Myths and Legends of the Mississippi Valley and the Great Lakes

Page: 68

Back and forth for a long while did they keep the bear fleeing from one to another. After a while, one of [203] the hunters who was coming behind looked down. Behold! The earth below was green. For it is really true, so they say, that up into the Sky-land were they led away by the bear. While they were chasing him about the dense growth of shrubs, that was surely the time that up into the Sky-land they went.

Then quickly he called, “Oh, Union-of-rivers, let us turn back. Truly into the Sky-land is he leading us away.” So he called to Union-of-rivers, but no answer did he receive from that one.

Now Union-of-rivers, who went running between the man ahead and the man behind, had a little puppy, Hold-tight.

Now in the autumn, they overtook the bear. Then they slew him. After they had slain him, many boughs of an oak did they cut, also of sumach. So with the bear lying on top of the boughs, they skinned him, and cut up the meat. Then they began to scatter the pieces in all directions.

Towards The-place-whence-comes-the-dawn-of-day they hurled the head. In winter, when dawn is nearly breaking, stars appear which are that head, so they say.

Also to the east flung they his backbone. In winter time, certain stars lie close together. These are the backbone, so they say.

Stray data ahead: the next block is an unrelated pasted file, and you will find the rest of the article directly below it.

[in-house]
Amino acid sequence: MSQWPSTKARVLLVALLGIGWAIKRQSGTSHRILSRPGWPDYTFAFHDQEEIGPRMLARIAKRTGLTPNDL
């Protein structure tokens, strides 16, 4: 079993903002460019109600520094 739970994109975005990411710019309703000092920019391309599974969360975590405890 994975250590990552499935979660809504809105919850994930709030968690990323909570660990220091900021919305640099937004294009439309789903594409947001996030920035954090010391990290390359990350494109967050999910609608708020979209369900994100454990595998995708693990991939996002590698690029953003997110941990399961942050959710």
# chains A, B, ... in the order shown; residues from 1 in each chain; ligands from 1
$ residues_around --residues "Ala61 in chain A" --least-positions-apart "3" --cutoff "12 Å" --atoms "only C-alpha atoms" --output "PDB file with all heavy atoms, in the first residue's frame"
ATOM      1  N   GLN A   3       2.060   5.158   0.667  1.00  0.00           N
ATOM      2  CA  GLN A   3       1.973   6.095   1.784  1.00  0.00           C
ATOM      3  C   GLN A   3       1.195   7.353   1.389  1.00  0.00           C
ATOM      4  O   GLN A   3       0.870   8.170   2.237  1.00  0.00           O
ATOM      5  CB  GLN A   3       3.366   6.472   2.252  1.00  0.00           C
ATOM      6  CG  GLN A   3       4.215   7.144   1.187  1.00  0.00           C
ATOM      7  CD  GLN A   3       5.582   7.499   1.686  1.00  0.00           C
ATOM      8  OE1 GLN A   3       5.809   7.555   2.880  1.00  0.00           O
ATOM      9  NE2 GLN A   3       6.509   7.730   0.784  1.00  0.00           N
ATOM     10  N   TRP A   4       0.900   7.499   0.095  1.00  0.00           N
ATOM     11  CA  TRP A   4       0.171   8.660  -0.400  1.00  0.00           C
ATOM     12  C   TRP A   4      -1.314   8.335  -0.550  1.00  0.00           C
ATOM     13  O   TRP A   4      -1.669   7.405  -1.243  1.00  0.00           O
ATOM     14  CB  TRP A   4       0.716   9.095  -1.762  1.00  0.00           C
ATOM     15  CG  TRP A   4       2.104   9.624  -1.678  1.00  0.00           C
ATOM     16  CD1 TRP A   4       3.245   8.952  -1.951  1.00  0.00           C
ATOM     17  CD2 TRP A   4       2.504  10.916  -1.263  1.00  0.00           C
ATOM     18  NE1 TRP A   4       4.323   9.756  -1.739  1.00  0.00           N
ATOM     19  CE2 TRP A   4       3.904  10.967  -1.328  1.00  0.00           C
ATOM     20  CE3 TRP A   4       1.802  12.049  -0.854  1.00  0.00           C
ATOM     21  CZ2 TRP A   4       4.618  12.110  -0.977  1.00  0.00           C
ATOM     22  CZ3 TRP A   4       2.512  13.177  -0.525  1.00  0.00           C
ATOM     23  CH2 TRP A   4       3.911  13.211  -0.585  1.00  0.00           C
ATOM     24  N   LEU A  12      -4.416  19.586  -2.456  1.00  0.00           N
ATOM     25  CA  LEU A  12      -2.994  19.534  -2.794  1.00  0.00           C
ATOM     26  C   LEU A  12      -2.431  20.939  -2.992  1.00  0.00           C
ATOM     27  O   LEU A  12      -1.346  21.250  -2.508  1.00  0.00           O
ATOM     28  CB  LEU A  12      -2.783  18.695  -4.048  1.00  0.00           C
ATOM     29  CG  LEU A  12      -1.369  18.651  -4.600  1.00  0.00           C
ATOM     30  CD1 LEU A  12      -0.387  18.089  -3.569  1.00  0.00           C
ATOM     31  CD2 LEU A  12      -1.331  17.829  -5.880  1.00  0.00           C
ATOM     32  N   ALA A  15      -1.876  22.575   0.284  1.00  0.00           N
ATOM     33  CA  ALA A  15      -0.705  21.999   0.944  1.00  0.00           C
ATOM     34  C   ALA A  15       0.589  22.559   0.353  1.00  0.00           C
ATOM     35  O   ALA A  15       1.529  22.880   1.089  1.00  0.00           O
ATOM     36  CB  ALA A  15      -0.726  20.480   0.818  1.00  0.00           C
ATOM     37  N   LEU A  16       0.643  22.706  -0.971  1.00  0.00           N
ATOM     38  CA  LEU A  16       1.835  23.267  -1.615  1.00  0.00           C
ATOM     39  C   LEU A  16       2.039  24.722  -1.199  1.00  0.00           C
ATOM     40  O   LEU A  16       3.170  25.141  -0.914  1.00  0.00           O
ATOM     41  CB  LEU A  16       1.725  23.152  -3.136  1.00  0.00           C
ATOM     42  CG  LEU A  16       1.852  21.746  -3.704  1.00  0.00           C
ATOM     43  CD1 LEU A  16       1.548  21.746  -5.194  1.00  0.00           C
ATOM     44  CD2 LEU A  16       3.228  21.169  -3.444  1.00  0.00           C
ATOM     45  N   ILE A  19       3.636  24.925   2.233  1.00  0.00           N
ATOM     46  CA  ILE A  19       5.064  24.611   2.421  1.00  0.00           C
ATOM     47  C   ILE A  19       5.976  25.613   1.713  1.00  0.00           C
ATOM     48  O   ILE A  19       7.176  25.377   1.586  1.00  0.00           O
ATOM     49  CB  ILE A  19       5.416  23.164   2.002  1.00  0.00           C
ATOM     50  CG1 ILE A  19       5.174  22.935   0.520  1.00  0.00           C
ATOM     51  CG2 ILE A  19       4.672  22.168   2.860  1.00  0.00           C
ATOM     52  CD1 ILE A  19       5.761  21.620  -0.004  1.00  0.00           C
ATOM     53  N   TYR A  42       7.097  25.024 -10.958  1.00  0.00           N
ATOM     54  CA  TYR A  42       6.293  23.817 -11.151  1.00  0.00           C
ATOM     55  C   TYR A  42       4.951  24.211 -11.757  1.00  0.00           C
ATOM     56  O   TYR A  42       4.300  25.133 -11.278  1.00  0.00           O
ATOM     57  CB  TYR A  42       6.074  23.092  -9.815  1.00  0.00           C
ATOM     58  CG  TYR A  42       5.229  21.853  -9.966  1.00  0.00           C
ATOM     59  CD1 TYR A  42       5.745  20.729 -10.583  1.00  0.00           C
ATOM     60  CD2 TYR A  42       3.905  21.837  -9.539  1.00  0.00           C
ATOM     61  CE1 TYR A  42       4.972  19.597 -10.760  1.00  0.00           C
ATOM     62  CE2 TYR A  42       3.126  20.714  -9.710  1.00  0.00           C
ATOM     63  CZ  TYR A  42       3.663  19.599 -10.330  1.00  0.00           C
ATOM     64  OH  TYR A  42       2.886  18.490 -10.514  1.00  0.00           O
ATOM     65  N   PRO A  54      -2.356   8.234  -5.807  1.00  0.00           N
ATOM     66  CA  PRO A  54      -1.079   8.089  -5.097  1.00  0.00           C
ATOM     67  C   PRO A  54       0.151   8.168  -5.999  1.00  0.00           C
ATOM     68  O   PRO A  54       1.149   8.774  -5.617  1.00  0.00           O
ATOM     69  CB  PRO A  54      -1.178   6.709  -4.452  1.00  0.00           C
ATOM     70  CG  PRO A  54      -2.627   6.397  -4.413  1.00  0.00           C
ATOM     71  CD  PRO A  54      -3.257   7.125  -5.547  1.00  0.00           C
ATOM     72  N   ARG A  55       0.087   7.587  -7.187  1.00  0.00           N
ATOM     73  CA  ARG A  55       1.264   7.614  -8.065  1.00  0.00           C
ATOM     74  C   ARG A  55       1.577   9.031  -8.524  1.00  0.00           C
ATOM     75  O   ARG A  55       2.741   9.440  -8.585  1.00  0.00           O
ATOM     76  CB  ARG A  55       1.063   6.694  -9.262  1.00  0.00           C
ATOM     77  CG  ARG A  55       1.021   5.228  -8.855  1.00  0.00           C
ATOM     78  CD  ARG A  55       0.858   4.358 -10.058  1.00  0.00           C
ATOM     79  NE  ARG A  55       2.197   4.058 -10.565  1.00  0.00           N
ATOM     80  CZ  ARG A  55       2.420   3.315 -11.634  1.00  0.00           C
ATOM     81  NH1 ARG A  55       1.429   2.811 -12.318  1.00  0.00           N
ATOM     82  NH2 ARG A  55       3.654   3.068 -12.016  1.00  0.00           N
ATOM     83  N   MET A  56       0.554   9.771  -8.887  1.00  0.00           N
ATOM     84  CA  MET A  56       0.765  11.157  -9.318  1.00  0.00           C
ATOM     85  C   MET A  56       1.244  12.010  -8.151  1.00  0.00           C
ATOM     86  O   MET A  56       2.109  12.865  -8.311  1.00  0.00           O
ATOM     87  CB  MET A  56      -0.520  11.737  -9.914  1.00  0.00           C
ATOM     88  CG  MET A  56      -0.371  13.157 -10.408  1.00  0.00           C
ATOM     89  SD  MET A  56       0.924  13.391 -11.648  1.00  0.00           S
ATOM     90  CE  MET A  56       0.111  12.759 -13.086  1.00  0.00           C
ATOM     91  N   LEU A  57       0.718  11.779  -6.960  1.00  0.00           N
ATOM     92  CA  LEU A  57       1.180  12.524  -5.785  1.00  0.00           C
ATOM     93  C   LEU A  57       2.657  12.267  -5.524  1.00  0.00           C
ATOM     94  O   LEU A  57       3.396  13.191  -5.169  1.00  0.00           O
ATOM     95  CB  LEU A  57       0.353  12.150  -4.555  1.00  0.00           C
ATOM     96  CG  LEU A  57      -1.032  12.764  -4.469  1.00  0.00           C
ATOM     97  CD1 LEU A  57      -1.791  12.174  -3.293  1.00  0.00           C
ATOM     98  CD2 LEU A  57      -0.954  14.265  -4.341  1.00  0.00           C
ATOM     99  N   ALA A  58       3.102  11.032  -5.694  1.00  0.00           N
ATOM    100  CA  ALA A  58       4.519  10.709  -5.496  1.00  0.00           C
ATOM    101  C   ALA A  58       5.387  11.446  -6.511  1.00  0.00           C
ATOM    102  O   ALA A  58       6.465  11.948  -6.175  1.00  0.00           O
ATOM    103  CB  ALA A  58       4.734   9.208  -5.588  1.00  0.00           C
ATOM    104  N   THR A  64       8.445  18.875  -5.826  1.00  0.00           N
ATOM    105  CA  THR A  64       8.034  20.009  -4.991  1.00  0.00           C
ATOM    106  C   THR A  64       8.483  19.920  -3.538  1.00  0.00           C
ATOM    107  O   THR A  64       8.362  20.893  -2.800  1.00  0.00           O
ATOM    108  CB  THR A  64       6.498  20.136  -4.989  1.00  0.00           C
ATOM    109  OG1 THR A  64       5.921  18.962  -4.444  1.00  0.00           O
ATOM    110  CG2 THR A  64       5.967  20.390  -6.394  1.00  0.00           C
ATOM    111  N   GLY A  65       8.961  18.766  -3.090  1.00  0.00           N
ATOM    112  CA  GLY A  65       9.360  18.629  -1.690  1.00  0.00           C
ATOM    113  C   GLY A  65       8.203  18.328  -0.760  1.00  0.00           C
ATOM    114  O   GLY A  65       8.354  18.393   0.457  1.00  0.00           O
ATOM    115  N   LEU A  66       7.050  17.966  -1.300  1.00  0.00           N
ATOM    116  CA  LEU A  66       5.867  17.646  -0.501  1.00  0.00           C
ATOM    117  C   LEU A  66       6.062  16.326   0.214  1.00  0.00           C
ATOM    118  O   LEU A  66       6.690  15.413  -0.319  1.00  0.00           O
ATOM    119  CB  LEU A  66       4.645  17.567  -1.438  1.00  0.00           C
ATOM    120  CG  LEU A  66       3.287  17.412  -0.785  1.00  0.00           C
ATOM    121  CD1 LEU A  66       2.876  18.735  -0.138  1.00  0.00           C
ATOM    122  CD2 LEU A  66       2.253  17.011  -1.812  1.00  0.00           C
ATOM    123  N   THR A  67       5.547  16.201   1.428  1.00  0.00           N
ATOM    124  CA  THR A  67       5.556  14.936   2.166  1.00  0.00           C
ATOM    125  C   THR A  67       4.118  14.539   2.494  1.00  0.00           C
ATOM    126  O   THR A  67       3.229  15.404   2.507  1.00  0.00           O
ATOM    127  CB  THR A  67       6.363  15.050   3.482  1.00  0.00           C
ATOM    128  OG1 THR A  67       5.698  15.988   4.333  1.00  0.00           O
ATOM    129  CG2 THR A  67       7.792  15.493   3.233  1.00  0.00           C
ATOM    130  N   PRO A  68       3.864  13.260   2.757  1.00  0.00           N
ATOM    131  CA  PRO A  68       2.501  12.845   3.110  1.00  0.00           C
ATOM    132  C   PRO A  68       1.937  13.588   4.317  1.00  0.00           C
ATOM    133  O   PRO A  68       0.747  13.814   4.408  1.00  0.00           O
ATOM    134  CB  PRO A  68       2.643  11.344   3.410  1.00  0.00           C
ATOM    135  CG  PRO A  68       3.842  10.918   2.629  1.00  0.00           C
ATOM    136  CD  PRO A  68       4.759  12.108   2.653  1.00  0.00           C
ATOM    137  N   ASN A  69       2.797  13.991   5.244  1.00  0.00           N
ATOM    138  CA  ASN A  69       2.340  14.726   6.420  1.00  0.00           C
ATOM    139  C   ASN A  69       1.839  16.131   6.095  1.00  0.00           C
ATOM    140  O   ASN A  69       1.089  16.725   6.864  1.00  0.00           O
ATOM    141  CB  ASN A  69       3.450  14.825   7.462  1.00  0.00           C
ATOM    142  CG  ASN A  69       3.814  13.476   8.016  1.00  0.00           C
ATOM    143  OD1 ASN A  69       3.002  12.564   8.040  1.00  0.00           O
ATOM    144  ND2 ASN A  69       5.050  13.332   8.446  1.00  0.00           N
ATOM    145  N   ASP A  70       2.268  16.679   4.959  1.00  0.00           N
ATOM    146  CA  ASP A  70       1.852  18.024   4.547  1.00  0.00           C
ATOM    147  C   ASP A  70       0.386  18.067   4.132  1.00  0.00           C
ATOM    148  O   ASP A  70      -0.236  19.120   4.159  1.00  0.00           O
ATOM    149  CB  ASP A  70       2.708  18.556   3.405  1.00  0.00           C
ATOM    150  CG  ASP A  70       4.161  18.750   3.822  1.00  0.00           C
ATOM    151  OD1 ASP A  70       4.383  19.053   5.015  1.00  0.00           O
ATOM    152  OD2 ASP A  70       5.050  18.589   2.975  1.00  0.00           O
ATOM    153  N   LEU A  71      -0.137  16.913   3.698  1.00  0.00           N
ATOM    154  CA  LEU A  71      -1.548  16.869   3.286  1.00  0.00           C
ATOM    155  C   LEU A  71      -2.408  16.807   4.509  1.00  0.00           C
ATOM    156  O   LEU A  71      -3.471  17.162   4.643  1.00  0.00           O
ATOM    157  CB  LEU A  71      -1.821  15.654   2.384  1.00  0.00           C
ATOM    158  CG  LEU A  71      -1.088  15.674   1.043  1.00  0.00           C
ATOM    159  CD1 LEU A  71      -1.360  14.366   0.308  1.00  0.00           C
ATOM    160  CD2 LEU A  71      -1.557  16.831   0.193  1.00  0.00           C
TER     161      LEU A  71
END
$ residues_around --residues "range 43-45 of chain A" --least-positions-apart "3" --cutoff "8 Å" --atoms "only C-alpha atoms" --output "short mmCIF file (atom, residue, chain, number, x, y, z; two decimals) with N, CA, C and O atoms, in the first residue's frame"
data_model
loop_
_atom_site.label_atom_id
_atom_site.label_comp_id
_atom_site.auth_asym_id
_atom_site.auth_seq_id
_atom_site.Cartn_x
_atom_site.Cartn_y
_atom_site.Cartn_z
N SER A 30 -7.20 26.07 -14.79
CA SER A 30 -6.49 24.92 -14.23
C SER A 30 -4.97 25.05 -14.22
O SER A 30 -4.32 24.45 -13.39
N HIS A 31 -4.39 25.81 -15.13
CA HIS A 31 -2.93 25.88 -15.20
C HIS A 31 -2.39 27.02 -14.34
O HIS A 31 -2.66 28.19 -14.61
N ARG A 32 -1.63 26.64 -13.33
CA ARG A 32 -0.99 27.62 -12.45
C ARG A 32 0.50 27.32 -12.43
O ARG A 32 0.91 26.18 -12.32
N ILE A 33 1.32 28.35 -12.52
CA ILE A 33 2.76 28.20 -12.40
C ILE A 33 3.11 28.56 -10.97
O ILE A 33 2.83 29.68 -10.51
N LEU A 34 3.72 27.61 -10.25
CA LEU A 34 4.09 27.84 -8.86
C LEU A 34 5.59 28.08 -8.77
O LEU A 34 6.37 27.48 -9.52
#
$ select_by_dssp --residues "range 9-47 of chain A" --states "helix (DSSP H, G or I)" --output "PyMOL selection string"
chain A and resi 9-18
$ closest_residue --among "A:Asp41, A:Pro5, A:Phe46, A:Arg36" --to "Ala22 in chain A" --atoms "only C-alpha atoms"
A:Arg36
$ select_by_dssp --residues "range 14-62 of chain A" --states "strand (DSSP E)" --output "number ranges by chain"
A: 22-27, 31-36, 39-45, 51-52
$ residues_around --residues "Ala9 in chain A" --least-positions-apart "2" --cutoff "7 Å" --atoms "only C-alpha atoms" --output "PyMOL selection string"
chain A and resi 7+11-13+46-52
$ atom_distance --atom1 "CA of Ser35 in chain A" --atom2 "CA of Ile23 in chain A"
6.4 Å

And it has also been told of the bear and the hunters [204] that the group of four stars in front are the bear and the three hunters. And between the front star and the star behind, a tiny little star hangs. That is the little dog, Hold-tight, which was the pet of Union-of-rivers.

And so often as autumn comes, the oaks and sumachs redden at the leaf because their boughs were stained with the blood of the bear.




ONCE when the people were burning the woods in the fall, a poplar tree began to burn. It burned until the fire went down into the roots; and then down into the ground. It burned and burned until there was a great hole in the ground, and the people began to be afraid the whole world would burn. They tried to put out the fire, but it was too deep in the ground.

At last someone said, “There is a man living in a house of ice, far toward the Frozen Land. He can put out the fire.”

So messengers were sent. They traveled many sleeps until they came to the house of the Man of Ice. He was a little fellow with long braids of hair, hanging to the ground.

He said at once, “Oh, yes, I can help you,” and began to unbraid his hair. When it was all loose, he took it in one hand and struck the ends against the other hand. The messengers felt a wind blow against their cheeks.

[206] He struck the ends of his hair again across his hand. A light rain began to fall. A third time he struck the open hand with his hair. Sleet began to fall with the rain. The fourth time, and large hailstones fell. They fell as though they came out of the ends of his hair.